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So I've used EF Code First to successfully create my entities and query the database to display the items.

I now want to provide a way to edit the records.

I have a Post class which contains:

(TypeName = "varchar")]
[Required()]
public string Headline { get; set; }

public virtual PostType PostType { get; set; }

PostType is a class I wrote which has an ID and Name to categorise posts into News, Blog etc.

Now, in my Edit controller I get the post and pass this to the view in a view model. I also get a IEnumerable of the different post types.

In my view I use the below:

<div class="formFieldContainer">
    @Html.LabelFor(model => model.Post.PostType)
    @Html.DropDownListFor(model => model.Post.PostType, new SelectList(Model.PostTypes, "ID", "Name"))
    @Html.ValidationMessageFor(model => model.Post.PostType)
</div>

<div class="formFieldContainer">
    @Html.LabelFor(model => model.Post.Headline)
    @Html.EditorFor(model => model.Post.Headline)
    @Html.ValidationMessageFor(model => model.Post.Headline)
</div>

On my edit controller I have the below to handle the post:

[HttpPost, ValidateAntiForgeryToken, ValidateInput(false)]
public ActionResult Edit(int id, FormCollection collection) {
    var model = new PostViewModel();
    model.Post = _pr.GetPost(id); //gets the post from my post repository
    model.PostTypes = _ptr.GetPostTypes();

    try {
        UpdateModel(model.Post, "Post");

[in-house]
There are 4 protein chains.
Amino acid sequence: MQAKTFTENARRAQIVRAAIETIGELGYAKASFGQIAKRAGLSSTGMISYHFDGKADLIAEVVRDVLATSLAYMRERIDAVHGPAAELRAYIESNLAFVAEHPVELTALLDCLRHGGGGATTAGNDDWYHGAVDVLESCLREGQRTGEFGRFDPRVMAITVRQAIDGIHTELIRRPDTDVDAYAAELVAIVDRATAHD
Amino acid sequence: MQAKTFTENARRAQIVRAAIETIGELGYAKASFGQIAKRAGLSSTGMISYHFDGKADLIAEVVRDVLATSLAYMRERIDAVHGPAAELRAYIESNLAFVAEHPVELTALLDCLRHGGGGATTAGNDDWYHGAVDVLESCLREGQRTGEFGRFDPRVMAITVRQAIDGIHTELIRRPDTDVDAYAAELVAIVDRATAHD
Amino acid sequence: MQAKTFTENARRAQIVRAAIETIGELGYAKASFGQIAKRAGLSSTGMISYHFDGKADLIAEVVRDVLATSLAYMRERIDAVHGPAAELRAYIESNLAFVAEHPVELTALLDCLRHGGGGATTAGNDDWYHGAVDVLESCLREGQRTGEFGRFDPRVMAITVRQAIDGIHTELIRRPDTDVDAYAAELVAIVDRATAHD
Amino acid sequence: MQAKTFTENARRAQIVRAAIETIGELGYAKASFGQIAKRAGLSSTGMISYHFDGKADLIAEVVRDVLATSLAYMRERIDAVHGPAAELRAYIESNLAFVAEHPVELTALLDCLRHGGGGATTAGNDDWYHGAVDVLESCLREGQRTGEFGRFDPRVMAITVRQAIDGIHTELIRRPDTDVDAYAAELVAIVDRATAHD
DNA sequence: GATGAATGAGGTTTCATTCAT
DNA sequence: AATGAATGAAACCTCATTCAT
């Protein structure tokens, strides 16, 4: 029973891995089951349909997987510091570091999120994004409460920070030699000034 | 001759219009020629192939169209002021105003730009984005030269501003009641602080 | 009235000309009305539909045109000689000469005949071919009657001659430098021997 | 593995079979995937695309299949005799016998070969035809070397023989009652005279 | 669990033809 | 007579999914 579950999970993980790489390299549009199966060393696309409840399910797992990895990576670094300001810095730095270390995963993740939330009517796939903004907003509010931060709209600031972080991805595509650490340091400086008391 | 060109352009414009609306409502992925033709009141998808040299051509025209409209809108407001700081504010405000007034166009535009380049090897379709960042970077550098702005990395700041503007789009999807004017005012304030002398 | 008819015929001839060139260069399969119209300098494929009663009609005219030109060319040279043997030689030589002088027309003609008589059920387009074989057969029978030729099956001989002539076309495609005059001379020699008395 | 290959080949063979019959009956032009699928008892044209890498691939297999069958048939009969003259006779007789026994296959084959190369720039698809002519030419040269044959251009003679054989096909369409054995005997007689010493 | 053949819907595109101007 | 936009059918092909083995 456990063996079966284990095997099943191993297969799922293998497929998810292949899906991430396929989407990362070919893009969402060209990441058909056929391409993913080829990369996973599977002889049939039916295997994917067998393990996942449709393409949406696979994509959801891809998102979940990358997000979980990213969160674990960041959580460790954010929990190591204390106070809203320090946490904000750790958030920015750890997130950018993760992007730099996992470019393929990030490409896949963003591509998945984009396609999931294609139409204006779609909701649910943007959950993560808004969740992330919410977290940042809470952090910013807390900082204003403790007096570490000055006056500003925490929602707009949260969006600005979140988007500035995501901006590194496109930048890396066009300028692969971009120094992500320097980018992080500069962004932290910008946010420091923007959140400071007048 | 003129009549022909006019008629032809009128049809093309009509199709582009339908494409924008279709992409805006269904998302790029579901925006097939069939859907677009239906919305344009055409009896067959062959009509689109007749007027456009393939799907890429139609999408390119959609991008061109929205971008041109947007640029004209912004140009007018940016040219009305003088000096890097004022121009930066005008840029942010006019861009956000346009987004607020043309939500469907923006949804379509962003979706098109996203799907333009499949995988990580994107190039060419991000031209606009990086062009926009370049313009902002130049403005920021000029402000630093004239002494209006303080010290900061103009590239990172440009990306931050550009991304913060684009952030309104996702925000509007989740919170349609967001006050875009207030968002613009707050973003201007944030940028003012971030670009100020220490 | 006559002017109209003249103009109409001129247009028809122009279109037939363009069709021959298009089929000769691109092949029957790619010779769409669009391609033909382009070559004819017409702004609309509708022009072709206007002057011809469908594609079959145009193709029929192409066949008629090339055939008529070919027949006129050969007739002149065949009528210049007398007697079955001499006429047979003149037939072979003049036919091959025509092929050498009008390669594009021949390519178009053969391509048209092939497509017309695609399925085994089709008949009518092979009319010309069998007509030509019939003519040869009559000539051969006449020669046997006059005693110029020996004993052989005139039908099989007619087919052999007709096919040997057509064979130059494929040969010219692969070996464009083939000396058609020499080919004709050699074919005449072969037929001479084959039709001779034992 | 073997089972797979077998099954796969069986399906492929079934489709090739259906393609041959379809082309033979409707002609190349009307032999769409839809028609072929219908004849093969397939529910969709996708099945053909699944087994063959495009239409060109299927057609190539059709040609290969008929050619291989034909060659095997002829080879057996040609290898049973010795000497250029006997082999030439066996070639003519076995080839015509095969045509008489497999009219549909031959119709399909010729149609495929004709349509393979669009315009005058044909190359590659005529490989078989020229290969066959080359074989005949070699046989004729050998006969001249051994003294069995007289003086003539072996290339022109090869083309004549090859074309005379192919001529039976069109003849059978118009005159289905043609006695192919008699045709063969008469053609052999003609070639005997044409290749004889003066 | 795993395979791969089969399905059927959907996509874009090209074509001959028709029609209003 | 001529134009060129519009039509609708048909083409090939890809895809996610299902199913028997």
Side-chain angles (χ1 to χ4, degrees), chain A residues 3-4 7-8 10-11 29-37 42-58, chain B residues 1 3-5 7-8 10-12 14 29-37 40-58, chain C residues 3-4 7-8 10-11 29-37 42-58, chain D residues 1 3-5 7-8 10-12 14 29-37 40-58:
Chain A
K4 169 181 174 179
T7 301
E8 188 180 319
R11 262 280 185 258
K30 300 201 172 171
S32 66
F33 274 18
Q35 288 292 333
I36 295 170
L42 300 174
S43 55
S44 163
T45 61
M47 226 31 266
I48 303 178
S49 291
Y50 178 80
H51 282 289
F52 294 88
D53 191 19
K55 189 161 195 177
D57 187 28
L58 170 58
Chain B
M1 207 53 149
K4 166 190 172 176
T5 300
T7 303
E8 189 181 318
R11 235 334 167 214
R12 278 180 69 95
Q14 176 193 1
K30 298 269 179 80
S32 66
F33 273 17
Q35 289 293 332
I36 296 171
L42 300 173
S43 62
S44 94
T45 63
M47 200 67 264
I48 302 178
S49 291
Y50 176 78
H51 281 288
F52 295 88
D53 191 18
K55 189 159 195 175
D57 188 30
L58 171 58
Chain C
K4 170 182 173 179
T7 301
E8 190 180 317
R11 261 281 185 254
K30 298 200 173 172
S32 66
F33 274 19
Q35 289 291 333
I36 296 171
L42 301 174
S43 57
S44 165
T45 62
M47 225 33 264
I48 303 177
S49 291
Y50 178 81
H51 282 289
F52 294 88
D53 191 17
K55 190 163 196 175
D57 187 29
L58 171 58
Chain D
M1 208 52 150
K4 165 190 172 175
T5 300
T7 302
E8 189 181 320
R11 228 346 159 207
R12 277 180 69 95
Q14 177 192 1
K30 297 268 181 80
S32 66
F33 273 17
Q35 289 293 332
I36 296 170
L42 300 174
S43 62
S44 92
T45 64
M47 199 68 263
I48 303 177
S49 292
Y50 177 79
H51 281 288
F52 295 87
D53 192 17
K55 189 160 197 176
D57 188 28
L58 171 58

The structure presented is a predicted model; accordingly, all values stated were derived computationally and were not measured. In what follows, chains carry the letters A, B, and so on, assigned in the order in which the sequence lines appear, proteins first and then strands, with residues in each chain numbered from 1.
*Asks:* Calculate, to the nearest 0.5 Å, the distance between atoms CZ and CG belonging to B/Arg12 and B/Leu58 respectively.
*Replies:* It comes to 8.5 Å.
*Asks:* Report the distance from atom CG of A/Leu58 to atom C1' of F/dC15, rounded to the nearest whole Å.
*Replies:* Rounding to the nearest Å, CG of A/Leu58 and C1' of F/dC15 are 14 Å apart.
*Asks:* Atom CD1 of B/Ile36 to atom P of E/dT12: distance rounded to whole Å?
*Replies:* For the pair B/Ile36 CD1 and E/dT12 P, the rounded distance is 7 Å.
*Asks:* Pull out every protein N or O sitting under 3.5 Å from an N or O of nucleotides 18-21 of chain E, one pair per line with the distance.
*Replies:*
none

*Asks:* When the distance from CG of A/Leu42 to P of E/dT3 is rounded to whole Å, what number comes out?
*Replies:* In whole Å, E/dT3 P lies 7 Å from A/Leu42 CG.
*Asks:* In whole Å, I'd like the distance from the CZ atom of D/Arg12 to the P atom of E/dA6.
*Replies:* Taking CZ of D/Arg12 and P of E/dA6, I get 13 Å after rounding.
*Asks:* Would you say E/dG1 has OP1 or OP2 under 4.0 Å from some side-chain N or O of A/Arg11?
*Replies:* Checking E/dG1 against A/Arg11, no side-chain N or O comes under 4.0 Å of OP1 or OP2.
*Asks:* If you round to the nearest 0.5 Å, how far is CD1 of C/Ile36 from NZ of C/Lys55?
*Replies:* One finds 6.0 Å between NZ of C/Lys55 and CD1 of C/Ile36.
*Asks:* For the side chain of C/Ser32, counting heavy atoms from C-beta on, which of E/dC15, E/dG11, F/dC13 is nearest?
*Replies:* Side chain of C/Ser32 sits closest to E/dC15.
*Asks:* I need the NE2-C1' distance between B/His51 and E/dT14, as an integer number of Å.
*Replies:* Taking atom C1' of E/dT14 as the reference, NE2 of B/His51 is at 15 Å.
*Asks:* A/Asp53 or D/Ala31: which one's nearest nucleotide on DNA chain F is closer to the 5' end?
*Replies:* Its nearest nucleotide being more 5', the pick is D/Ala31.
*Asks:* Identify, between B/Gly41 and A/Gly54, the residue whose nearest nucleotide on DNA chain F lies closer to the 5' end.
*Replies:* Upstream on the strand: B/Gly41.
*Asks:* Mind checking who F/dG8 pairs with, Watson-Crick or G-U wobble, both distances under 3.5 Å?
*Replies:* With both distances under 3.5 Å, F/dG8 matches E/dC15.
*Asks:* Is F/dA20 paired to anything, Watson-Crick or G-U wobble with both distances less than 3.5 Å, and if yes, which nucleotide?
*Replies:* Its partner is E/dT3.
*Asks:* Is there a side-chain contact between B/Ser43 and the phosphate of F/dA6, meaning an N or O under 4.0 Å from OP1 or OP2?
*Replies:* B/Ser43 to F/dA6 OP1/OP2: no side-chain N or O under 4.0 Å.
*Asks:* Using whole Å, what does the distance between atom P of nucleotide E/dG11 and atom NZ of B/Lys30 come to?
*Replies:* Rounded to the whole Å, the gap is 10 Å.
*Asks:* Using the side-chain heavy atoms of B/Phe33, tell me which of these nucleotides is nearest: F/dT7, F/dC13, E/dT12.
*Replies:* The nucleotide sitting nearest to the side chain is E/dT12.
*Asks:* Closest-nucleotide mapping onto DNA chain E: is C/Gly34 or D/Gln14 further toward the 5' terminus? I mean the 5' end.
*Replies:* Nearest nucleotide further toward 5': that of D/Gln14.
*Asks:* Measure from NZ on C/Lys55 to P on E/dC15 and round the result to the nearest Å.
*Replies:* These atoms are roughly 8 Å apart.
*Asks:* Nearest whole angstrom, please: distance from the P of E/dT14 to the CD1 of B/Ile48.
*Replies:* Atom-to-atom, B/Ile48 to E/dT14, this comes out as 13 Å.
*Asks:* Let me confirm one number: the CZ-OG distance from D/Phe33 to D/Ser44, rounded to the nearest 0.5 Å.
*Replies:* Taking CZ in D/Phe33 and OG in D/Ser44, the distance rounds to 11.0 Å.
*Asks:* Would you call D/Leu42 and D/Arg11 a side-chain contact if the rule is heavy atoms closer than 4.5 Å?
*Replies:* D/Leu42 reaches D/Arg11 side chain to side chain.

_pr.Save();
        return RedirectToRoute("Posts", new { pageNumber = 0 }); //for now go to the homepage
    } catch (Exception e) {
        ModelState.AddModelError("_FORM", e.Message);
        return View(model);
    }
}

Now without the post type list and just the headline this works. However with the post type it doesn't. I get "1 is invalid" (1 being the value of the select list) which makes sense as my Post model expects a PostType object, not int.

I thought about doing something like:

model.Post.PostType = model.PostTypes.Where(x => x.ID == Int32.Parse(collection.GetValues("Post.PostType")[0])).Select(p => p).FirstOrDefault();

But 1) it doesn't work so its obviosuly not the right way and 2) since "Post.PostType" still exists, the UpdateModel fails.

Any ideas on how to do this?

share|improve this question
    
What do you mean by doesn't work? Can't help without specifics. –  Bigfellahull Jun 4 '11 at 17:06
    
Another PostType is added to the database! It should be the existing one but it's creating a new one every time. –  Terry Jun 4 '11 at 17:06

2 Answers 2

up vote 1 down vote accepted

I assume your repositories _pr and _ptr are using different contexts? Entity framework must read and update from the same context. Since you are getting the post types from another context EF treats it as a new entity hence the extra row in your database.

You should share your context between repositories, session per request is a defacto best practice.

As for the update model function you can pass in a string array of properties to include in the update:

UpdateModel(model.Post, "Post", new string[] { "Headline" });

This will ignore the PostType value.

share|improve this answer
    
This was indeed the issue. I'll look into the session per request idea. I assume I can convert what I have done and use the Edit(Post post) idea suggested by Steve? –  Terry Jun 4 '11 at 22:04

Try changing your action to take in a Post object:

public ActionResult Edit(Post post) {

With MVC 3, EF 4, the post object should be populated from the form vars, including your PostType. Then call your update and save methods.

share|improve this answer
    
Tried it but I have the same issue. I think the reason is that I don't post a PostType back to the edit function. It's just an int from the select box, so it has no way of knowing what PostType to use. –  Terry Jun 4 '11 at 22:02

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